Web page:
Design of a charging system basically requires electrical and mechanical engineering skills. I had to pick up mechanical engineering skills with the help of colleagues, but I was well equipped with electrical engineering skills due to the courses in my bachelors/masters. Testing and validation requires knowledge of computer programming and simulations. My bachelors/masters courses again helped me considerably here. However, it definitely wasn’t enough to make me an expert, which comes from experience with real time projects. Moreover, as these are new/upcoming areas of development in the industry, a lot of research has to be done by staying up to date with current industry standards to make sure that the design is state-of-the-art. Having gone through a master’s program definitely helps with developing a research-oriented mindset. And of course, project management skills are needed, as a lot of collaboration is needed with colleagues from different departments (battery, electric motor, etc.). As I don’t have any business management background, I had to learn these skills on the fly.

What’s a typical day like? 

It’s hard to say that there’s a ‘typical day’. It’s one of the things I like about my job. It depends a lot on the entries in my daily planner. In general, I check my emails to begin with and then immediately focus on the highest priority items. The number of highest priority items depends heavily on the stage of project. I prefer to focus on technical work early in the morning as I find myself most efficient then. I try to spend an hour after lunch reading something new to improve my skills. The second half of the day is reserved for detailed discussions/collaboration with other teams.

What is it you love about this job? 

As I mentioned in earlier, the fact that every day is a new challenge, is one of the best things about my role. There is no ‘typical day’. In addition, I’m part of a very new and small team. Therefore, there’s a lot more responsibility per person as compared to a larger team. That increases the scope for learning new technologies, improving processes and project execution. It has also given me a lot more perspective and understanding of how a complete project and business is executed. Another thing that I really like about my job is the fact that I’m able to contribute (however big or small) in reducing the carbon footprint. Of course, we’re still quite far away from reaching absolute zero emissions, but it’s a step in the right direction.

How does your work benefit society? 

As I mentioned earlier, one of the main problems that I need to solve is to offer a solution that can reduce the overall carbon footprint. We’re of course still very far from reaching our goal, but it’s a step in the right direction. For e.g. coming up with just an electric vehicle is not going to reduce carbon emissions to zero. The factories that produce each and every semiconductor, battery cell, electric motor, relay, etc. need to run on carbon free sources of energy. To make the entire chain carbon free is the biggest challenge that we all face; but it’s not impossible. Coming up with the best charging system for an electric vehicle is one part of the puzzle. Every new technological advancement/improvement in my field will help in reaching this goal. This benefit to society is a big source of motivation, which fuels my drive to keep doing what I do.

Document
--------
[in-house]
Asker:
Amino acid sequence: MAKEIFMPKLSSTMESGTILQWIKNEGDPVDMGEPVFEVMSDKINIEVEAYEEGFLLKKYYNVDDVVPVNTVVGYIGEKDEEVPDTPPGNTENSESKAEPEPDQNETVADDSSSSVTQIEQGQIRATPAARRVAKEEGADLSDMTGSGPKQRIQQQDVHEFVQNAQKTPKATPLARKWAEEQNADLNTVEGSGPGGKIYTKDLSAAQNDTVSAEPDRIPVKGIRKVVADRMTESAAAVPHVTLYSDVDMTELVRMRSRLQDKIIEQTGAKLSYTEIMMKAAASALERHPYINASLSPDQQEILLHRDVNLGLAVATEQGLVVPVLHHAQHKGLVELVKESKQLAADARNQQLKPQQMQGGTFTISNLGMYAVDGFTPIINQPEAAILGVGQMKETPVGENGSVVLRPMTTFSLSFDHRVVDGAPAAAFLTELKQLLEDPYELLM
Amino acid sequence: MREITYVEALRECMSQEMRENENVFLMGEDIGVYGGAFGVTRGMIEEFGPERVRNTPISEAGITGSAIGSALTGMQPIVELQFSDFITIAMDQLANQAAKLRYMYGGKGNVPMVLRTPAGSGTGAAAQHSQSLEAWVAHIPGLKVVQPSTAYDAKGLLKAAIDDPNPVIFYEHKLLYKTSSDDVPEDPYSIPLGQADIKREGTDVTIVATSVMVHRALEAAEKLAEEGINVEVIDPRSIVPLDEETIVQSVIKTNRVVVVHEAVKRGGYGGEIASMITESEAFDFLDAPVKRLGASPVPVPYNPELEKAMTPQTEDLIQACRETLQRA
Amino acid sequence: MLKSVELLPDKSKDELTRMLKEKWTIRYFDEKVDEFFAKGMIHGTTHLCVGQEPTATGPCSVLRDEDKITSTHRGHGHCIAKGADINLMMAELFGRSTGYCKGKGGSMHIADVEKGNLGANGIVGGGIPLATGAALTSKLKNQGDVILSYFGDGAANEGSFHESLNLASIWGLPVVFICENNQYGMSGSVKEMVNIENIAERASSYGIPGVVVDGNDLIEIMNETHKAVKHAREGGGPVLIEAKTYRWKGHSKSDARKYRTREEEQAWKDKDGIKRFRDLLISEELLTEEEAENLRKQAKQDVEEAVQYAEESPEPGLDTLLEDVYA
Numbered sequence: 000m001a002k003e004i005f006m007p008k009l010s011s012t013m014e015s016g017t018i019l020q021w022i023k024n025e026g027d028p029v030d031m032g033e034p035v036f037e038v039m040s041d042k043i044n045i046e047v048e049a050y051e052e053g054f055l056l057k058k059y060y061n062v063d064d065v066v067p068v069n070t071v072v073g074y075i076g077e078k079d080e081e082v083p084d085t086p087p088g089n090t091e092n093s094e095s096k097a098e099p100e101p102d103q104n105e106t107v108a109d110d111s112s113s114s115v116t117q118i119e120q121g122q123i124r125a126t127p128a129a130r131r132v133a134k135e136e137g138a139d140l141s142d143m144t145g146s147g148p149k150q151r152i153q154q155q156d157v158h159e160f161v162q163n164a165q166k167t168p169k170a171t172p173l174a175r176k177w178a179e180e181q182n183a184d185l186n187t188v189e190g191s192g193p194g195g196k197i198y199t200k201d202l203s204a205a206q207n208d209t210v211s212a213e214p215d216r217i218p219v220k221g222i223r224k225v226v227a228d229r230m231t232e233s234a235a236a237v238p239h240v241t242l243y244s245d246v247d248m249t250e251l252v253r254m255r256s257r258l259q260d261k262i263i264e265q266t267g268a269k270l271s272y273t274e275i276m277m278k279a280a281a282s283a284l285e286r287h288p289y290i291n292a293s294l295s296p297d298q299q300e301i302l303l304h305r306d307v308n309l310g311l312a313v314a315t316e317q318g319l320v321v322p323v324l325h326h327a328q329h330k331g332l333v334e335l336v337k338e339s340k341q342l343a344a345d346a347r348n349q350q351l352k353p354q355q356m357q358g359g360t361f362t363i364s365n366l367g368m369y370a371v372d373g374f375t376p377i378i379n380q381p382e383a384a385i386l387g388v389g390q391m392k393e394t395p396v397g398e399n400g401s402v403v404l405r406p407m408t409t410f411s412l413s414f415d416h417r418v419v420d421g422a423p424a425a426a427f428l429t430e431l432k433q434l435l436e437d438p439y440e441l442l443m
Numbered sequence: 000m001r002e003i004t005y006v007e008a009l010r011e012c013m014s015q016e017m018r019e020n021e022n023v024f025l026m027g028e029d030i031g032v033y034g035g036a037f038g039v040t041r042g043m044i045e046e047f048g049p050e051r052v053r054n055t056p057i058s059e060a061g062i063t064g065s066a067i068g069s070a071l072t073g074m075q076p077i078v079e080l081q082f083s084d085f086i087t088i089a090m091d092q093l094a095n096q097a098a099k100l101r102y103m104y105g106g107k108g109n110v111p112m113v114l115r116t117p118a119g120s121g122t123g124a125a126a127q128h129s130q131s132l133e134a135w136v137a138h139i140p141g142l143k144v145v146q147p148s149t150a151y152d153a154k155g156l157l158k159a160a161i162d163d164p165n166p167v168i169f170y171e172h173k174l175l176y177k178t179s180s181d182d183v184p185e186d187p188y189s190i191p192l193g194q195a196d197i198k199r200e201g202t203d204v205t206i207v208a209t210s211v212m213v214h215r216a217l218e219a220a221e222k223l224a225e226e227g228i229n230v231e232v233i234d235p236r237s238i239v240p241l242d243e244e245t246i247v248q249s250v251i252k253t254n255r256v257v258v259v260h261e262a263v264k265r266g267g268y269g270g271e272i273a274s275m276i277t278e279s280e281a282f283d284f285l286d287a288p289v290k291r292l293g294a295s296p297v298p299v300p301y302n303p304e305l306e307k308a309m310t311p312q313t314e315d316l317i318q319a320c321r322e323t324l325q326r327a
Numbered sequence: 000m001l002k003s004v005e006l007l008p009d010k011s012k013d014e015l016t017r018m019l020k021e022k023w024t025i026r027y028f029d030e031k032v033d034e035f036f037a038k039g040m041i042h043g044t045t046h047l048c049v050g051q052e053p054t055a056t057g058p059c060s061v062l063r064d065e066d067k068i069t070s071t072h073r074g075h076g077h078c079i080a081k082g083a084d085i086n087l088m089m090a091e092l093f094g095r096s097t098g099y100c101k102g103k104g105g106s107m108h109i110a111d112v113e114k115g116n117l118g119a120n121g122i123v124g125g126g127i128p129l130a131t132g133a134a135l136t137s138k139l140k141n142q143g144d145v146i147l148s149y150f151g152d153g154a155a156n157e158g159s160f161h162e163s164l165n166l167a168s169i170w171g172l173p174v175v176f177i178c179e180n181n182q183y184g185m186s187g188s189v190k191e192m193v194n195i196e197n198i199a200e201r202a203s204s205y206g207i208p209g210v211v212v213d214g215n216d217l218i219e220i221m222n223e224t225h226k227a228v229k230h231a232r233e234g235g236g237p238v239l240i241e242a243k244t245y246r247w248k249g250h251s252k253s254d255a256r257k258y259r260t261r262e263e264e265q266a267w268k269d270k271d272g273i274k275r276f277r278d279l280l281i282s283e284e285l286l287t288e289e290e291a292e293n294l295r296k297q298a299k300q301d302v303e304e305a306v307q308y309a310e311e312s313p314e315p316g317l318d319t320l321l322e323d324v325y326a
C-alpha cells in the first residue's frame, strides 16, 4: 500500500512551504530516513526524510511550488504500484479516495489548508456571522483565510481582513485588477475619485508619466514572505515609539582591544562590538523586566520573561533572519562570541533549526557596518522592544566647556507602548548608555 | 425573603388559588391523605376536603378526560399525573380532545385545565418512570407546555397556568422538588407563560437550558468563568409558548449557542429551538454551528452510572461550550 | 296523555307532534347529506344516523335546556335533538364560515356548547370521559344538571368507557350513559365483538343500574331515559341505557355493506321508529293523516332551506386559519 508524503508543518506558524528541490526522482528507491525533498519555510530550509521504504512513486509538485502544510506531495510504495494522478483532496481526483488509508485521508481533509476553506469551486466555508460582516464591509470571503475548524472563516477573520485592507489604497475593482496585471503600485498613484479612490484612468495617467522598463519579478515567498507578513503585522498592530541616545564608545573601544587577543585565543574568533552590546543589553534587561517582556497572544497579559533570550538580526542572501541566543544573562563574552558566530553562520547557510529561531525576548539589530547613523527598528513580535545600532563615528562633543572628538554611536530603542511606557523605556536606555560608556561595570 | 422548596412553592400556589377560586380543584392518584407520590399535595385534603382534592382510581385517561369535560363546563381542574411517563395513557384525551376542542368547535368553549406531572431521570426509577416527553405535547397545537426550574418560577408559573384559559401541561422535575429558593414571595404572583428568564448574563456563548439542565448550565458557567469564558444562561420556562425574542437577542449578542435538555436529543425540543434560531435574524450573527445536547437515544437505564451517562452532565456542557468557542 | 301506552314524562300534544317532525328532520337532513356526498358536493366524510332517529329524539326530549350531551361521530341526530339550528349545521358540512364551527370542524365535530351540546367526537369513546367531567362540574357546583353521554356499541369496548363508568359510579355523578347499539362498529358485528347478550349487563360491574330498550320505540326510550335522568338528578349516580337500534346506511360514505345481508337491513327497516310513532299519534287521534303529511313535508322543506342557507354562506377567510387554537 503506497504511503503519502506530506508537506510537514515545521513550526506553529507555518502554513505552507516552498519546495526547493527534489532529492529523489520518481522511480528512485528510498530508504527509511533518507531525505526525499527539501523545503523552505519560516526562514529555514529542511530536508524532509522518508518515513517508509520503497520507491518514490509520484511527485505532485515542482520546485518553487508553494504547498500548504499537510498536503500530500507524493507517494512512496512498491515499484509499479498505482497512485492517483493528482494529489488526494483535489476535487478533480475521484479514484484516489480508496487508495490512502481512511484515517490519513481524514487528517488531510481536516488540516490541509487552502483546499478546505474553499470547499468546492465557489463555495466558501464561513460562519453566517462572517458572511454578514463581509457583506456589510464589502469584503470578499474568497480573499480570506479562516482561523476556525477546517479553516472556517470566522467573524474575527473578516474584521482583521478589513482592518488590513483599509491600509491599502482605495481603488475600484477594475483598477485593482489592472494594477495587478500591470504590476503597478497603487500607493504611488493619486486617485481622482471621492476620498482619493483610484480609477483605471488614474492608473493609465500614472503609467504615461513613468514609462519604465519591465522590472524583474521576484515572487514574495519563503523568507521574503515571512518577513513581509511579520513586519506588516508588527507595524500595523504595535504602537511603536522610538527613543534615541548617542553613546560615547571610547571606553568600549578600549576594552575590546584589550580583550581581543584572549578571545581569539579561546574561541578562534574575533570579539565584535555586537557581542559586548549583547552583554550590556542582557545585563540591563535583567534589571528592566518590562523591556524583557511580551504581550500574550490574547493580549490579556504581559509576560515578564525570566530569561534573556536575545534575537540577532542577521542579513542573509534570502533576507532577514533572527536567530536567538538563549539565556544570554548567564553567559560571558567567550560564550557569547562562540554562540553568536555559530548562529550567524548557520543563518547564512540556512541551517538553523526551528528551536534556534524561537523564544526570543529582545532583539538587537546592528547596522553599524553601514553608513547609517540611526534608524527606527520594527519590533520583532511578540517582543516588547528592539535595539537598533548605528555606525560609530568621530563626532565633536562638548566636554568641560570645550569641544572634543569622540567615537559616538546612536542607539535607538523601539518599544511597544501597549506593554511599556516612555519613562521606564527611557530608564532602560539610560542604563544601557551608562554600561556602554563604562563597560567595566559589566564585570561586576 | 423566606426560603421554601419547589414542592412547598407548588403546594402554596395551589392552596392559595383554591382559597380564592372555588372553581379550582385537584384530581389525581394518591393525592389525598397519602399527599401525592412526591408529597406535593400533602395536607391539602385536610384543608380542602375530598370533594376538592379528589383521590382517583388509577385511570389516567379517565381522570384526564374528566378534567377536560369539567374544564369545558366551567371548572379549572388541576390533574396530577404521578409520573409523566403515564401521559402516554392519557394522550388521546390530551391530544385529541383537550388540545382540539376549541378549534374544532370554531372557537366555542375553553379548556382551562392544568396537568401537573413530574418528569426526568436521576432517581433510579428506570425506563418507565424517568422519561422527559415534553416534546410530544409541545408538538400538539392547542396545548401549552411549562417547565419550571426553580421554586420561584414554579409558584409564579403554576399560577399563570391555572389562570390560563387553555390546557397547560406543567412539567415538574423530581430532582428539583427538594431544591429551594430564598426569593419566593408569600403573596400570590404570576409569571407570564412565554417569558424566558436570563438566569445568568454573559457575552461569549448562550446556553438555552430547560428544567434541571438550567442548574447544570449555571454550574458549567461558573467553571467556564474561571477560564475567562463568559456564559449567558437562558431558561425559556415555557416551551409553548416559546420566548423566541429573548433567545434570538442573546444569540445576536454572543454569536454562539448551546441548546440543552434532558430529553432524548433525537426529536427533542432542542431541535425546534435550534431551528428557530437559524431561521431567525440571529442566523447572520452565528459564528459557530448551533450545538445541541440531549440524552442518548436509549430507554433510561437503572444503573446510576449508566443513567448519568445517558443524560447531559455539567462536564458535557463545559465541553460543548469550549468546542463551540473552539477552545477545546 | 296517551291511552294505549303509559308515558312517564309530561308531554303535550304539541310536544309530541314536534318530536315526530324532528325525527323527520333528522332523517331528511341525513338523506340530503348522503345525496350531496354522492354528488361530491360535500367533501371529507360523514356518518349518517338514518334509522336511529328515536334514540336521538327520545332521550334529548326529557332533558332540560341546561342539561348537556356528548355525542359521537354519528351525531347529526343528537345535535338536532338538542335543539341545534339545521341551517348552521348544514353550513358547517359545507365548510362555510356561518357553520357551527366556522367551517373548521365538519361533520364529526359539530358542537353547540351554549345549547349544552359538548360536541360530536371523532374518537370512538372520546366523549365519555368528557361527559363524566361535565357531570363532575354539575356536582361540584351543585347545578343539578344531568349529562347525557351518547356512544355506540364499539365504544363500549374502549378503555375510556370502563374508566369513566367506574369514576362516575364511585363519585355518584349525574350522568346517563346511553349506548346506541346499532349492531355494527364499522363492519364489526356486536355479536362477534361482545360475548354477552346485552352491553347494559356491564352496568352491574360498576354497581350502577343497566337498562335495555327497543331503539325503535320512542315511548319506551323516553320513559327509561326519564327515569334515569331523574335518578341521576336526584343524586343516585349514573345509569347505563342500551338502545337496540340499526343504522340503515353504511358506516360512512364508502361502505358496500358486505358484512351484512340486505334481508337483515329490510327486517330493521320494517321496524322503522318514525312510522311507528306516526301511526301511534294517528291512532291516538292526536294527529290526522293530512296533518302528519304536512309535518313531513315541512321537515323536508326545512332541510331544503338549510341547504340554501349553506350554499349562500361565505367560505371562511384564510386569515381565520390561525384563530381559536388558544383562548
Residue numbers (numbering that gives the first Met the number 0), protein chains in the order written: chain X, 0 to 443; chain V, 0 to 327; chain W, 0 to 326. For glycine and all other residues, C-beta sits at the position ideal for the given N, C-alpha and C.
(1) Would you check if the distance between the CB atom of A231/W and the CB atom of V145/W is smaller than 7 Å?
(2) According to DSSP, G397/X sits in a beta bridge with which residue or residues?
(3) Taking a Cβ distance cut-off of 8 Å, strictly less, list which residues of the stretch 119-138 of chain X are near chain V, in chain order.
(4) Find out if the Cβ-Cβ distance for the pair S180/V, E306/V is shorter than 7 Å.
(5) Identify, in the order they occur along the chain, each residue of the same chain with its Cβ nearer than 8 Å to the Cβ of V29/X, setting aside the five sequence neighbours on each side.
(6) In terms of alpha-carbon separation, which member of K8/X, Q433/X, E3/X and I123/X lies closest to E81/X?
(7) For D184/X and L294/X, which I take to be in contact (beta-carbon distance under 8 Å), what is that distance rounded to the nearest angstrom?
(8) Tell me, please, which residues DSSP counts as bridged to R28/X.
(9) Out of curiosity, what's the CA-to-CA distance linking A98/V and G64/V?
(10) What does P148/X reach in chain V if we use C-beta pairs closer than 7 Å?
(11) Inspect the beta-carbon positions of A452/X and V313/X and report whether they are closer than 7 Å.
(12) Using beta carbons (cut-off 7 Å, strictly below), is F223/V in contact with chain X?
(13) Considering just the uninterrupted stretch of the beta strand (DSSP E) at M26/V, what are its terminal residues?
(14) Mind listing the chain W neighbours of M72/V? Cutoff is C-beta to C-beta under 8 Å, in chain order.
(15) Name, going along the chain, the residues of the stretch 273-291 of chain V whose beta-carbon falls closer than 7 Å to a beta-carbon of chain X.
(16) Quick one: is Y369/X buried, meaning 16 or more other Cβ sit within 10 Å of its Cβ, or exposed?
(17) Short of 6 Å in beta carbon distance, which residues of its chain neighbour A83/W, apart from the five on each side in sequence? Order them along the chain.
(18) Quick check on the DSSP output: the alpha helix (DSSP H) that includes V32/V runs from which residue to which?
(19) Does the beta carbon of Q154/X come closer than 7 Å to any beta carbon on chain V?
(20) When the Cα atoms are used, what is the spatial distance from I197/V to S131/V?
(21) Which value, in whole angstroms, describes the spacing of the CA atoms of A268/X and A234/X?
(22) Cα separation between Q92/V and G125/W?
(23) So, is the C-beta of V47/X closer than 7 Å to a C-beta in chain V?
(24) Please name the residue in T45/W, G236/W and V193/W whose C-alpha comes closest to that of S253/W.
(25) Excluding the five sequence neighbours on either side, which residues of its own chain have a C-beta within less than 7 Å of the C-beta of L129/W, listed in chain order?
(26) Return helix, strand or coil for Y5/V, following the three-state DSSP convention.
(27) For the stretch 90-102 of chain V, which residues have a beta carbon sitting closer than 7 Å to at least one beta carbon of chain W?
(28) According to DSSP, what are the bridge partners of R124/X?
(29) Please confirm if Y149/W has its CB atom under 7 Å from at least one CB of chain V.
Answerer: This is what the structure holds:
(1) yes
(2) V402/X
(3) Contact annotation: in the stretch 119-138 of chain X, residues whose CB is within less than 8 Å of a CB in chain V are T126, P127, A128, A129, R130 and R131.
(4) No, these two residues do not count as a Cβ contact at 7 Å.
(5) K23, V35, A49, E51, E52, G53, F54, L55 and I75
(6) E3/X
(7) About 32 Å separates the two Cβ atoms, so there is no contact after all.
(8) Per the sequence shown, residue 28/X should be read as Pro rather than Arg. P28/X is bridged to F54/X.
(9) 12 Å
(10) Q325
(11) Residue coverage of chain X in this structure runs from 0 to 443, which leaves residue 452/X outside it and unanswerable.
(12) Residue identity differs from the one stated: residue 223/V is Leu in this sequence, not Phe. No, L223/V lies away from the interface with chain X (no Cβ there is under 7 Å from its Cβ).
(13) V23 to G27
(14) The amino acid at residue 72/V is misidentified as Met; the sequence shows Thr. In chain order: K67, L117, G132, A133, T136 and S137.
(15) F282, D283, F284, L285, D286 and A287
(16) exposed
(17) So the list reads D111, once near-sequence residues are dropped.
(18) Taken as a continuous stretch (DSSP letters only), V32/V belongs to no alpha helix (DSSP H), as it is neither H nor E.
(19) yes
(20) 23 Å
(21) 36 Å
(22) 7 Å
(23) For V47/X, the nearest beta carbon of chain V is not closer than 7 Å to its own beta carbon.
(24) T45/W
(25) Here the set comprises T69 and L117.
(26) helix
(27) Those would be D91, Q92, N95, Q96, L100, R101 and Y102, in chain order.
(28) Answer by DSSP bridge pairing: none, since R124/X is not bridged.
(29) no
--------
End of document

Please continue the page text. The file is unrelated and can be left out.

Tell us an example of a specific memorable work you did that is very close to you!

I had the opportunity to present a seminar to Electrical Engineering students from two colleges in my previous roles. It ended up being a very interactive seminar with a lot of fruitful discussions, which would hopefully spark students’ interest in the field. Another very memorable milestone in my career took place very recently, when I successfully developed a state-of-the-art charging system for an electric vehicle project. This electric vehicle is set for market launch in early 2023.

Your advice to students based on your experience?

Question everything. I mean literally, everything. Question things that you don’t understand; things that everyone takes for granted. Without asking the right questions, it’s really hard to understand the problems, and thereby also hard to come up with the right solutions. This is the only way to make progress; not just in science & technology, but also as a society.

A second piece of advice would be to prioritize developing one’s skills over making money early on in one’s career (for the first 5-7 years). For example, if you’ve recently kick-started your career, it wouldn’t be wise to turn down an offer in a new green/upcoming field just because the salary is lower than your peers. If you’re able to develop a certain skill set over a period of time and attain mastery, it would always have high demand (and thereby, would attract appropriate compensation).

Final piece of advice: always value/appreciate feedback. A lot of times, we tend to dismiss critical feedback either because of the apparent negative tone of the person giving feedback, or perhaps we just don’t like the person giving us feedback. Irrespective of either case, feedback in a professional environment should always be taken in good spirit. Receiving feedback is one of the best and quickest ways to improve oneself. So, if you ever receive feedback (good or bad); take it as an opportunity to discover things about yourself that can be improved.

Future Plans? 

To keep learning as much as I can to make this world a better place for future generations. I am more inclined towards technical roles rather than management ones. I would like to work on certifications, and be part of technical memberships/committees. This way I could use my skills to make important decisions that could shape future technologies.